Influence of Cytokines on Sperm Membrane Properties

An adverse effect of proinflammatory cytokines on sperm membrane properties (e.g., lipid peroxidation) is one of the several mechanisms by which cytokines might interfere with sperm quality. A peroxidation of the membrane structures is considered to be the first measurable destructive effect of ROI overproduction, also connected with infectious inflammation, and due to the high content of polyunsaturated fatty acids (PUFAs) spermatozoa are particularly susceptible to this process. An attack of free radicals toward the sperm membrane lipids leads to irreversible changes in membrane fluidity, enhances its nonspecific permeability, and in turn may affect the capacitation and acrosomal reactions abrogating the ability of spermatozoa to penetrate an oocyte. Our knowledge has to be broadened by systematic studies of lipid peroxidation in which the influence of lipid peroxidation on the sperm function can be evaluated [128-132] ] Moreover, human semen consists of spermatozoa subpopulations, differing in the content of lipid membranes, which may determine the degree to which they are endangered to peroxidative damage [133-135]. The decrease in the PUFAs, observed in some subpopulations of ejaculated spermatozoa, may be the evidence of their previous oxidation and shedding of the products of lipid peroxidation to seminal plasma.

Many years ago, Buch et al. [111] for the first time reported the increase of the ROS production by human spermatozoa after their incubation with IL-1a, IL-1P, or TNF-a, the measurable effect of which was an increase in sperm membrane peroxidation, judged by the MDA levels. The relationship between the IL-6 or IL-8 concentrations and the intensity of sperm membrane lipid peroxidation in the semen was also suggested by other authors [106, 136]. Analysis of a wide panel of recombinant proinflammatory cytokines in pathological (observed in situ) concentrations revealed the influence of some cytokine combinations (applied together with leukocytes) on MDA levels in different spermatozoal fractions [88]. Taking into consideration that some authors [138] have documented an increase in lipid peroxidation after in vitro incubation of sperm with PMA-stimulated leukocytes which suggests a decrease in the biological value of sperm membranes in the environment of oxidative stress, it may be argued that interleukins do not act separately but in connection with other mediators of the inflammatory process which has been suggested previously [57, 95, 105, 115, 137]. It cannot be precluded that the increase of oxidative stress in leuko-cytospermia is modulated by the levels of some cytokines, and even more, during inflammatory conditions, produced by leukocytes ROI and proinflammatory cytok-ines cooperate with each other provoking a destructive effect on spermatozoa.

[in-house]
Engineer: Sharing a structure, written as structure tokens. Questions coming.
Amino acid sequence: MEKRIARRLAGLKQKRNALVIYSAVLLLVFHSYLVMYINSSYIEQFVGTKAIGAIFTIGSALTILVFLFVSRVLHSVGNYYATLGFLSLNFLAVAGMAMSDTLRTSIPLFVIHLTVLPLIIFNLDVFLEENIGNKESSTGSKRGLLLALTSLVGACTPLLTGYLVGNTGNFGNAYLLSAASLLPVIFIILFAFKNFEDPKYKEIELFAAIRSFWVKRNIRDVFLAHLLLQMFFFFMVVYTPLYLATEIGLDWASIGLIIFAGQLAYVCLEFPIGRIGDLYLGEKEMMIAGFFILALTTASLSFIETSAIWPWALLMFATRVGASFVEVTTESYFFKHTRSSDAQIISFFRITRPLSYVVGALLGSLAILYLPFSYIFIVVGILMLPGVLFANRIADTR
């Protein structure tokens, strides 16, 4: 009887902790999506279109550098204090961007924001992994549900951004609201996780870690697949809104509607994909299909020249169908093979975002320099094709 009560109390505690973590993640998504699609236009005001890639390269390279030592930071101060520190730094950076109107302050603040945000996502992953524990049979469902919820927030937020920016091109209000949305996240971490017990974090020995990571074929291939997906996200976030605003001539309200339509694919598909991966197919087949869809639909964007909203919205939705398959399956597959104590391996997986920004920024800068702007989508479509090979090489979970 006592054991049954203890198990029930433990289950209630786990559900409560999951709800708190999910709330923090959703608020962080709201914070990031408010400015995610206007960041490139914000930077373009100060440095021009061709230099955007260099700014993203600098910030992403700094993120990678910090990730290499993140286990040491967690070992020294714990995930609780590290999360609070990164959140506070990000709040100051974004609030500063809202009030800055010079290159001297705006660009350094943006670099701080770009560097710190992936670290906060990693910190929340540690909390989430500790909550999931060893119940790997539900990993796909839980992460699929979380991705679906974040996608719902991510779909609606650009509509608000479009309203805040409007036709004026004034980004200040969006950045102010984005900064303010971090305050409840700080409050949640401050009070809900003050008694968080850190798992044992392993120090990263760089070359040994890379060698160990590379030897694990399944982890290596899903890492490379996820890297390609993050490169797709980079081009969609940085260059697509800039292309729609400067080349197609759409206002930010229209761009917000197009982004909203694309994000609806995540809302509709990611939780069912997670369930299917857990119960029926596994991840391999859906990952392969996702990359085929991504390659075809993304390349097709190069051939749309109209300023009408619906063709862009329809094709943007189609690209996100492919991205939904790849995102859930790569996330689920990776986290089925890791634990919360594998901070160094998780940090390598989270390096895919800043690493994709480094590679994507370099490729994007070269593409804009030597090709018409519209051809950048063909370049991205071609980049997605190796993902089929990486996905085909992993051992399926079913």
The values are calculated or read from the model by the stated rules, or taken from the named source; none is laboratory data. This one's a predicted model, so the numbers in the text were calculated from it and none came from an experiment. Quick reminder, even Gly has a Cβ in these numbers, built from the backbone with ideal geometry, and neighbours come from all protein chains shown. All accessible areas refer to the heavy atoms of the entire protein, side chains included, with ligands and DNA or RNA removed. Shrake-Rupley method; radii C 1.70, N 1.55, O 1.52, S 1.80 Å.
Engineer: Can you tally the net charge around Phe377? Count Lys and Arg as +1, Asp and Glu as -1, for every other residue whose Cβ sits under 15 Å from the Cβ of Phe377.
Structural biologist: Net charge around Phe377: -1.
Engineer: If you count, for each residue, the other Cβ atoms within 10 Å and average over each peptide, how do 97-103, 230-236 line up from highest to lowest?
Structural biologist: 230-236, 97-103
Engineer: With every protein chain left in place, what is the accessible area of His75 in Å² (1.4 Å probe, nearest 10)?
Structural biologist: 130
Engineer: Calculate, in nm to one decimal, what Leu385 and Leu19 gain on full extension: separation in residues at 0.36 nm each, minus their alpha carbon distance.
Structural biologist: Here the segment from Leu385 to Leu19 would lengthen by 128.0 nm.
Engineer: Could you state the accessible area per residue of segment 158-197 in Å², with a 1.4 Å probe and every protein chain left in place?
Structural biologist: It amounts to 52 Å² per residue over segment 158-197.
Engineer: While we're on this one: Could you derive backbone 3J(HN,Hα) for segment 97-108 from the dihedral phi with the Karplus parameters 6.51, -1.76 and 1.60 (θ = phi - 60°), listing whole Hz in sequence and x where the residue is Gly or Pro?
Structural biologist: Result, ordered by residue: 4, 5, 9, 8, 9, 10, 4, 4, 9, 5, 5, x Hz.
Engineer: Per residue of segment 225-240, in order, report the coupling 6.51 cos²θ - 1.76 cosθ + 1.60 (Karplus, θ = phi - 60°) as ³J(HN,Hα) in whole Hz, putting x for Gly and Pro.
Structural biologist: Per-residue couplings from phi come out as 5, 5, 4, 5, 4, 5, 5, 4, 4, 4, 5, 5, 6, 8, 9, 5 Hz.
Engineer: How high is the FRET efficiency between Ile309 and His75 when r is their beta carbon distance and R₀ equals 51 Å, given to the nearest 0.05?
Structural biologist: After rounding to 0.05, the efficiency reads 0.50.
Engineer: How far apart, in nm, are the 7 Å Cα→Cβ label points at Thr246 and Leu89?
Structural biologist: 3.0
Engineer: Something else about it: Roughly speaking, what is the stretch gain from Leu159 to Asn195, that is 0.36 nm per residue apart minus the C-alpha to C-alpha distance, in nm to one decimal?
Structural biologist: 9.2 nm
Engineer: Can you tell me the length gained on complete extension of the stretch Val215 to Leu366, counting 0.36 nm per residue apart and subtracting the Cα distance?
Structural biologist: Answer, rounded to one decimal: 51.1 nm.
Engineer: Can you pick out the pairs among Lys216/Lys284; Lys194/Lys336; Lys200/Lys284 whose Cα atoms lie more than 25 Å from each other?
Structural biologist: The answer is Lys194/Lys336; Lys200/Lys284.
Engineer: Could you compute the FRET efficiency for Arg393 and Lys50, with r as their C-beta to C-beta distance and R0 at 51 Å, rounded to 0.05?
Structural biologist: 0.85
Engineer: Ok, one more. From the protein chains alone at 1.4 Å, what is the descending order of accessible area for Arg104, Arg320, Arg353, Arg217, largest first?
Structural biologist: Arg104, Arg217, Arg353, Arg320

According to data presented in some papers, there are some differences in the rates of lipid peroxidation that are related to the sperm maturity and, presumably, sperm membrane structures [ 138-140] , Probably, the mediating role of leukocytes with respect to the harmful effects of secreted proinflammatory cytokines toward sperm membranes may depend on the type of sperm subpopulation [88],

Proinflammatory cytokines are characterized by their pleiotropic properties, and when they occur together they may act synergistically, additively, or antagonistically on the biological function of the target cell. This is confirmed by the synergis-tic effect in vitro in relation to the harmful influence of some proinflammatory cytokines on biological membranes [88]. In case of cytokines such as IL-6, IL-8, or IL-18, observations in the in vitro system appear to be complementary to evaluation of the male genital tract inflammation in vivo. The evidence of this can be high levels of IL-6, IL-8, or IL-18 observed in the seminal plasma of infertile men reported by many groups [71, 72, 74]. The extended high levels of these cytokines present during persistent infection/inflammation in the male genital tract may augment the peroxidation process and affect sperm function with a subsequent development of infertility. Many authors suggest that the measurement of IL-6, IL-8, and/or IL-18 concentration in the seminal plasma can be a sensitive marker of early diagnosis of infection/inflammation in the male genitourinary tract and a signal for fast intervention with an anti-inflammatory treatment [57, 71, 72, 76].

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